Mutilated by Desire

Posted: August 7, 2013 in Historic Interest
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Mrs. Lewhuston, who died at Warsaw, Indiana, on Wednesday, made a dying request that her hands, feet, and heart, should immediately after death be removed and taken to Etretal, France, to be buried in the parish churchyard. She was so persistent in this request that her daughter, Mrs. Claire Taylor, solemnly promised to carry it out immediately after death occurred Mrs, Taylor proceeded to carry out her mother’s wishes, but the physician absolutely declined to amputate the limbs or remove the heart. He further applied to the Health Department for an order restraining the mutilation of the corpse. It was clearly shown, however, that the daughter was only following out her mother’s last wishes, and the authorities found themselves unable to interfere. The amputations were finally effected by a local surgeon, and the hands, feet, and heart of the deceased lady, after being embalmed, were placed in black ebony boxes, upon each of which, in silver-headed nails, was the inscription Mother,” each box also bearing a number. Mrs. Taylor then started for New York with her ghastly burden, but her fame had preceded her. Upon her arrival the landlord of a hotel refused to admit her unless the boxes were taken to the baggage room and left there. After much persuasion the three boxes were given into the charge of the baggage master. Mrs. Taylor then retired to her room. On Saturday morning she proceeded to the office of the Inman Steamship Company, and took her passage on the City of New York, sailing on Wednesday. When she returned to the hotel she was informed that box No. 2 the one containing the feet had disappeared. There was a dreadful scene. The whole establishment was searched, telegrams were sent in every direction, but the box could not be found. Finally, at three o’clock in the afternoon, a telegram was received from Boston to the following effect: I have among my trunks a small, black box, marked, ‘Mother, No. 2.’ Did I take it with me by mistake from New York? (Signed) Alice Ellis.” Mrs. Ellis had been a guest at the same hotel and had left by the morning train for Boston, carrying off by mistake the mother’s feet. This morning they were returned by express. Mrs. Taylor, once more quite happy, and will sail for England on Wednesday, unless the steamship company make an objection to her bringing three rather gruesome ebony boxes with her. She will within the next two weeks be able to carry out her mother’s wishes and bury the hands, feet, and heart in the spot indicated. Mrs. Taylor was much unnerved at the publicity given to her mission, but avers her intention of carrying out her mother’s wishes whatever the consequences may be.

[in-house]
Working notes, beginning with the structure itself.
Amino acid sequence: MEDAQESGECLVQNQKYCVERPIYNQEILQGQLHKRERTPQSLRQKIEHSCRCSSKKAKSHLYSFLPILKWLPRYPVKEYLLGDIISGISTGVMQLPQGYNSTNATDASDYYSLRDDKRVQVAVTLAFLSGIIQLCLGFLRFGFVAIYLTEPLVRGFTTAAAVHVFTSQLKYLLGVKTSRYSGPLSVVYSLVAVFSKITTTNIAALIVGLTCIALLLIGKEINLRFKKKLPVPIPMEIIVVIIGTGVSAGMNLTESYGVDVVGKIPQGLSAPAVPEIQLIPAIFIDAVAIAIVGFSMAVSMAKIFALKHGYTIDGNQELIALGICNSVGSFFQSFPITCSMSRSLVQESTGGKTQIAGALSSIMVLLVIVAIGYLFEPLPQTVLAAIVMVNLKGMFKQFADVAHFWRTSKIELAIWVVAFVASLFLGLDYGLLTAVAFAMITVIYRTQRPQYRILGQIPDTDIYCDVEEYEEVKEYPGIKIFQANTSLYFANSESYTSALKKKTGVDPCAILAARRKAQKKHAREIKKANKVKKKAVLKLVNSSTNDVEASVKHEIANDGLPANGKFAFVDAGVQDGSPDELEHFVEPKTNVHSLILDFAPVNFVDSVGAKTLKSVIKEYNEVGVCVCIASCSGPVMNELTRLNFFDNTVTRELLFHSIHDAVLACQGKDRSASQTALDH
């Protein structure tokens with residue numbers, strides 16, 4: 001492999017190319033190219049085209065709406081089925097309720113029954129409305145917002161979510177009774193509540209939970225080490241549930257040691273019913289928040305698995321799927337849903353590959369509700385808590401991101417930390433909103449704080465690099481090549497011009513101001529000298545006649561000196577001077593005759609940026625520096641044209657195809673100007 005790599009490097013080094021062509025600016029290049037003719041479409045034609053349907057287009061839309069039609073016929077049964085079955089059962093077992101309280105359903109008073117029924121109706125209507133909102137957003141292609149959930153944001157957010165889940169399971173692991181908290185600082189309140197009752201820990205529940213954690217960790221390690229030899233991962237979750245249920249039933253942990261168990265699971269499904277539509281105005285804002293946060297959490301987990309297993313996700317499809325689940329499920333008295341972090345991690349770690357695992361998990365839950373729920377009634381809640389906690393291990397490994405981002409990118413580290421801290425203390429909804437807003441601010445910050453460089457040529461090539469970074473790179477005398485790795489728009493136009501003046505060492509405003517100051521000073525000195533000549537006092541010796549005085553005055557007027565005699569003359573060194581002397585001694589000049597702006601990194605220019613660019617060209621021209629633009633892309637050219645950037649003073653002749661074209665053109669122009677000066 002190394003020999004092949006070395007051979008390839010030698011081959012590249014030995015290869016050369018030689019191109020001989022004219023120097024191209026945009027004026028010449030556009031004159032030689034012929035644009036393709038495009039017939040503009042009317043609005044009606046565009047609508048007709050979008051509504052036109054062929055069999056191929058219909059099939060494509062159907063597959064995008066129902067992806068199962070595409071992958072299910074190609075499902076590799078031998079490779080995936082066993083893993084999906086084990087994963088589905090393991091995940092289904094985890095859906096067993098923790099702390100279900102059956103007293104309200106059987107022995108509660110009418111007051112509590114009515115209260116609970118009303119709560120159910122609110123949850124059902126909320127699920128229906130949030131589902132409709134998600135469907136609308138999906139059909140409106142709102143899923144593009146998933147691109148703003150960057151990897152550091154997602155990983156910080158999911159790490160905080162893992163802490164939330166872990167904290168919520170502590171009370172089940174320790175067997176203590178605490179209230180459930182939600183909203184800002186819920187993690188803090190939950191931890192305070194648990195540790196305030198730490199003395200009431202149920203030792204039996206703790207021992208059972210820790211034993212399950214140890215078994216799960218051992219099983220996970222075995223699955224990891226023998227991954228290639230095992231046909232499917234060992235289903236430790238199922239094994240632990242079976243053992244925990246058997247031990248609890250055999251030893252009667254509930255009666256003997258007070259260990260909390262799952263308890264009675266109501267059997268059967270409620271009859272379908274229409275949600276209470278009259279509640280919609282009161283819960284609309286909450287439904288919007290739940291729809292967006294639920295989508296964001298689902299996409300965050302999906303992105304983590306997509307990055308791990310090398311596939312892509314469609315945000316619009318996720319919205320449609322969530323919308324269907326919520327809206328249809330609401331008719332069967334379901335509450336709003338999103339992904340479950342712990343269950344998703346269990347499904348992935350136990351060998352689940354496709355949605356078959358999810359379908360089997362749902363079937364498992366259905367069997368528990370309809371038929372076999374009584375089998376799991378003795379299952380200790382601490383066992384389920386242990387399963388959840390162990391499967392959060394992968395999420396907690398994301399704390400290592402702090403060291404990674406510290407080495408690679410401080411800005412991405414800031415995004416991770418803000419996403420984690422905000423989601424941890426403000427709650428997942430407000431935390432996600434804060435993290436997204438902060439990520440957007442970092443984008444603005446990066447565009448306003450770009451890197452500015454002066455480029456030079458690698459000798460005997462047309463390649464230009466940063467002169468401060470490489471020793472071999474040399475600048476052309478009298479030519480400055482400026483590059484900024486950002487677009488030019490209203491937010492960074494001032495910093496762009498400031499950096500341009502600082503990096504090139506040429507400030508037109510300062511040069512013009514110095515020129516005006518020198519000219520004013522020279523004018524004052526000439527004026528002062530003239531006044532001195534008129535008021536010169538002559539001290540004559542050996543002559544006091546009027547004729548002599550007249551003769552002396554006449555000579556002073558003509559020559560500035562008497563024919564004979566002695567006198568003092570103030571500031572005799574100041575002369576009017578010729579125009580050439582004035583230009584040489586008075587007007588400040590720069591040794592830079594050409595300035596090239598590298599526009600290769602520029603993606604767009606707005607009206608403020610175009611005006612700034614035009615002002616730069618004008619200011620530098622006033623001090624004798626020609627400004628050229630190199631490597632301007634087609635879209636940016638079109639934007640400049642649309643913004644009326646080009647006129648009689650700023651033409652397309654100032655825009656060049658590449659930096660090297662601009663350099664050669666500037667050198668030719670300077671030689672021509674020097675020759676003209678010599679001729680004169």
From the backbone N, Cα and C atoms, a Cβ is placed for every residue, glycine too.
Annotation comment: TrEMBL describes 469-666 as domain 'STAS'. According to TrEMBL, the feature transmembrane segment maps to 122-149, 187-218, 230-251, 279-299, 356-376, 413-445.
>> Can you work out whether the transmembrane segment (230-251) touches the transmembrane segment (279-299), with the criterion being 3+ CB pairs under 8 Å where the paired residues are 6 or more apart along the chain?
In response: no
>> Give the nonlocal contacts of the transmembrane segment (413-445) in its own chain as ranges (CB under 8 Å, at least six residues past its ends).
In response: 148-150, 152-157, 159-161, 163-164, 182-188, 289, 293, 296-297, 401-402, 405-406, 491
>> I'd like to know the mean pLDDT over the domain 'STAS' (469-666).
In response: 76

Evening Express, 11 May 1891


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